What sort of follow up are you doing after the focal therapy?

Dr. Daskivich: At six months after focal therapy with HIFU, patients get another prostate MRI and targeted biopsy in both the treated and untreated zones. We also follow with serial PSA levels.

Do patients need to come to you for the initial imaging and HIFU?

Dr. Daskivich: Patients come to us already having been diagnosed with prostate cancer on biopsy. We then do the high-resolution PET MRI and repeat targeted biopsy based on the advanced imaging at Cedars Sinai. Patients who remain eligible and interested in HIFU go on to get this treatment at Cedars Sinai.

Do they need to come back to your center for the follow-up MRI and PSA testing, or can they do that at a remote location?

Dr. Daskivich: Yes, patients do need to do follow up MRI and targeted prostate biopsy at 6 months at Cedars Sinai. PSA testing can be done at a remote location if necessary.

Is there are any fee to patients for participating in the trial?

Dr. Daskivich: All procedures that are not standard-of-care are funded by the trial. This includes the high-resolution and PET components of the MRI. Importantly, though, the HIFU is an out-of-pocket cost for participants, since it is a standard of care procedure and we’re studying the imaging and not the HIFU procedure itself.

Is all the follow-up covered?

Dr. Daskivich: Most often, insurers cover follow up imaging for prostate cancer treated with HIFU as standard of care.

Any particular eligibility criteria you’d like to highlight?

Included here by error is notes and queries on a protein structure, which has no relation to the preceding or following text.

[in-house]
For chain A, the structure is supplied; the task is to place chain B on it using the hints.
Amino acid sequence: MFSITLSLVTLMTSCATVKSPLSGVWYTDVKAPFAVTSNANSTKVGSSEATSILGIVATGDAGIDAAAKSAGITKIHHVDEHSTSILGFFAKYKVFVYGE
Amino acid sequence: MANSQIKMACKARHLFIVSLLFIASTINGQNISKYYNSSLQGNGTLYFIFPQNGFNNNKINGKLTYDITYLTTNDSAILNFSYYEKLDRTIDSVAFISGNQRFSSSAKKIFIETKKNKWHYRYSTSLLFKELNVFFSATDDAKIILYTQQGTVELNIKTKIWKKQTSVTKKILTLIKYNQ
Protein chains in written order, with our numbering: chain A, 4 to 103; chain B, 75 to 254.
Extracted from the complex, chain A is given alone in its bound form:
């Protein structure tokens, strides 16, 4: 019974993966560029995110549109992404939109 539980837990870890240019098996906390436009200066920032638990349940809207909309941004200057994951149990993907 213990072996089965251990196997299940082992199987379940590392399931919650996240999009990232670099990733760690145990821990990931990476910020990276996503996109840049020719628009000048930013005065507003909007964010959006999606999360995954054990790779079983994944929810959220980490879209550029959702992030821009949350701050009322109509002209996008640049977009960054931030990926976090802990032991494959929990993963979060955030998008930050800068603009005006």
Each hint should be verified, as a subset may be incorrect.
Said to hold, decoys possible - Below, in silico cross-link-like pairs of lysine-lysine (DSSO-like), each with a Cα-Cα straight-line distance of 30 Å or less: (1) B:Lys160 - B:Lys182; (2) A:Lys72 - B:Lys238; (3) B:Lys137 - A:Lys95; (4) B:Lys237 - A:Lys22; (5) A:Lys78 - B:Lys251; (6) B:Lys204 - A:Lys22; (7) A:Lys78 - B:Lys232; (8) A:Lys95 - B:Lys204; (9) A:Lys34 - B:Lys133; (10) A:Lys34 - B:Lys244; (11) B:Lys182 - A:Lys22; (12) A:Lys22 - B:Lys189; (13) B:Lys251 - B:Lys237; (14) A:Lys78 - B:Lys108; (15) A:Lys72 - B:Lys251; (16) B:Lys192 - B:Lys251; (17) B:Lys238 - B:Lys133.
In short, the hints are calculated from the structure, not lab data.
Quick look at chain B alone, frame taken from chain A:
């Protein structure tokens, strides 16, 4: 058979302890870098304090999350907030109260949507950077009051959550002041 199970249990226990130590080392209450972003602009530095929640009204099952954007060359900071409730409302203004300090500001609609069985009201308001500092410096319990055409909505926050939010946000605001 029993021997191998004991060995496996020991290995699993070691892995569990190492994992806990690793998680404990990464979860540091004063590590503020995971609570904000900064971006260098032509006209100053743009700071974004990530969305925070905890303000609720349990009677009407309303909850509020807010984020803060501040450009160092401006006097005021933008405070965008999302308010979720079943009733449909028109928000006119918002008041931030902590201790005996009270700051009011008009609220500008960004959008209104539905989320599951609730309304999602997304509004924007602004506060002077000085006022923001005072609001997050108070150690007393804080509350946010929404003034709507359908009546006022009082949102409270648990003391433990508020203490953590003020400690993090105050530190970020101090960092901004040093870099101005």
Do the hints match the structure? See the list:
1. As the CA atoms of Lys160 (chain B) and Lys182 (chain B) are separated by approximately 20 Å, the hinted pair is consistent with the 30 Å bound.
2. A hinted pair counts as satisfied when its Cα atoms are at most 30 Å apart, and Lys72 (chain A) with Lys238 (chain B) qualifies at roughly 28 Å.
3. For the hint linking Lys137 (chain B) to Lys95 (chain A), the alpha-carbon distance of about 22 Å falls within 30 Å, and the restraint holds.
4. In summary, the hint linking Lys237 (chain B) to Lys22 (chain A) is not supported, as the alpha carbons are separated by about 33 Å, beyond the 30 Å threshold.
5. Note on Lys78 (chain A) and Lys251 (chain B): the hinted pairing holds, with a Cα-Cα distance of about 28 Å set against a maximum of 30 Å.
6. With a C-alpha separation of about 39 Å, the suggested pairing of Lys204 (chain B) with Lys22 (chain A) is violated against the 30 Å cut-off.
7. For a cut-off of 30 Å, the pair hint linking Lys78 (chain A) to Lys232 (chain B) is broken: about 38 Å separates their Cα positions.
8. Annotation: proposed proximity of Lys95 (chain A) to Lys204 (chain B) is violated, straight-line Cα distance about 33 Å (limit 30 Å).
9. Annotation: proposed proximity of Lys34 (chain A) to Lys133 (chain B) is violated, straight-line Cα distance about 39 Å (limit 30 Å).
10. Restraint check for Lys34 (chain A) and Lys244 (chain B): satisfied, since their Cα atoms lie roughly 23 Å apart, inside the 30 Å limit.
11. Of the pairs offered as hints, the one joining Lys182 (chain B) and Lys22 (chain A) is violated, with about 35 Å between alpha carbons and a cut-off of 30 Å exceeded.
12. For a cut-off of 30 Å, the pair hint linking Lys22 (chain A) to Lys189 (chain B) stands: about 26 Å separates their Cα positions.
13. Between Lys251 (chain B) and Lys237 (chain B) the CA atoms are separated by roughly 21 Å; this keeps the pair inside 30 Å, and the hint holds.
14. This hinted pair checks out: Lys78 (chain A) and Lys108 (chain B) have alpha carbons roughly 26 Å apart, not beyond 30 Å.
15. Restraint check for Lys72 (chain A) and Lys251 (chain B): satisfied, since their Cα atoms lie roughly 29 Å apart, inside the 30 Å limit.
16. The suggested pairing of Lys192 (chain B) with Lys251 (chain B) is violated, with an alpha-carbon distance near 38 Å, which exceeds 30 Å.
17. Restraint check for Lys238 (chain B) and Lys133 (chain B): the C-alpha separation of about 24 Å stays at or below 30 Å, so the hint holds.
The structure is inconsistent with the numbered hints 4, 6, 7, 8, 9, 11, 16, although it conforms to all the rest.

Dr. Daskivich: Participants on this trial must either have clinically localized, unilateral high-grade (Gleason 7 or higher) or high-volume Gleason 6 (>50% of cores involved) disease. Those with unilateral high-grade disease can also have contra-lateral low-grade (Gleason 6) disease, but they cannot have bilateral high-grade disease. PSA must also be less than 20.

We specifically designed the study to exclude patients with low-volume Gleason 6 disease (<50% percent of the cores involved). This is because active surveillance is a better treatment option for most patients with low-volume, low-risk prostate cancer.

Any final thoughts or advice for patients?

Dr. Daskivich: I was initially a skeptic about focal therapy, and that’s why I wrote this trial. I wanted to document all of the outcomes in a very systematic way and convince myself that it was effective. Having used focal therapy with HIFU for some time now, I’ve been pleasantly surprised at how effective and minimally morbid it is, at least in the short term. Cancer control has been excellent in the short term and the side effect profile is much better than traditional therapies like surgery or radiation. HIFU is done as outpatient treatment as well, so it is also convenient. It’s honestly quite refreshing to have a prostate cancer therapy that doesn’t come along with the traditional baggage of urinary incontinence and erectile dysfunction.

Which can be debilitating.

Dr. Daskivich: Which can be very debilitating, even if it is experienced for only a short period of time. If the long-term cancer control of focal therapies for prostate cancer like HIFU turn out to be durable, then it could change the standard-of-care for unilateral high-grade disease. Time will tell.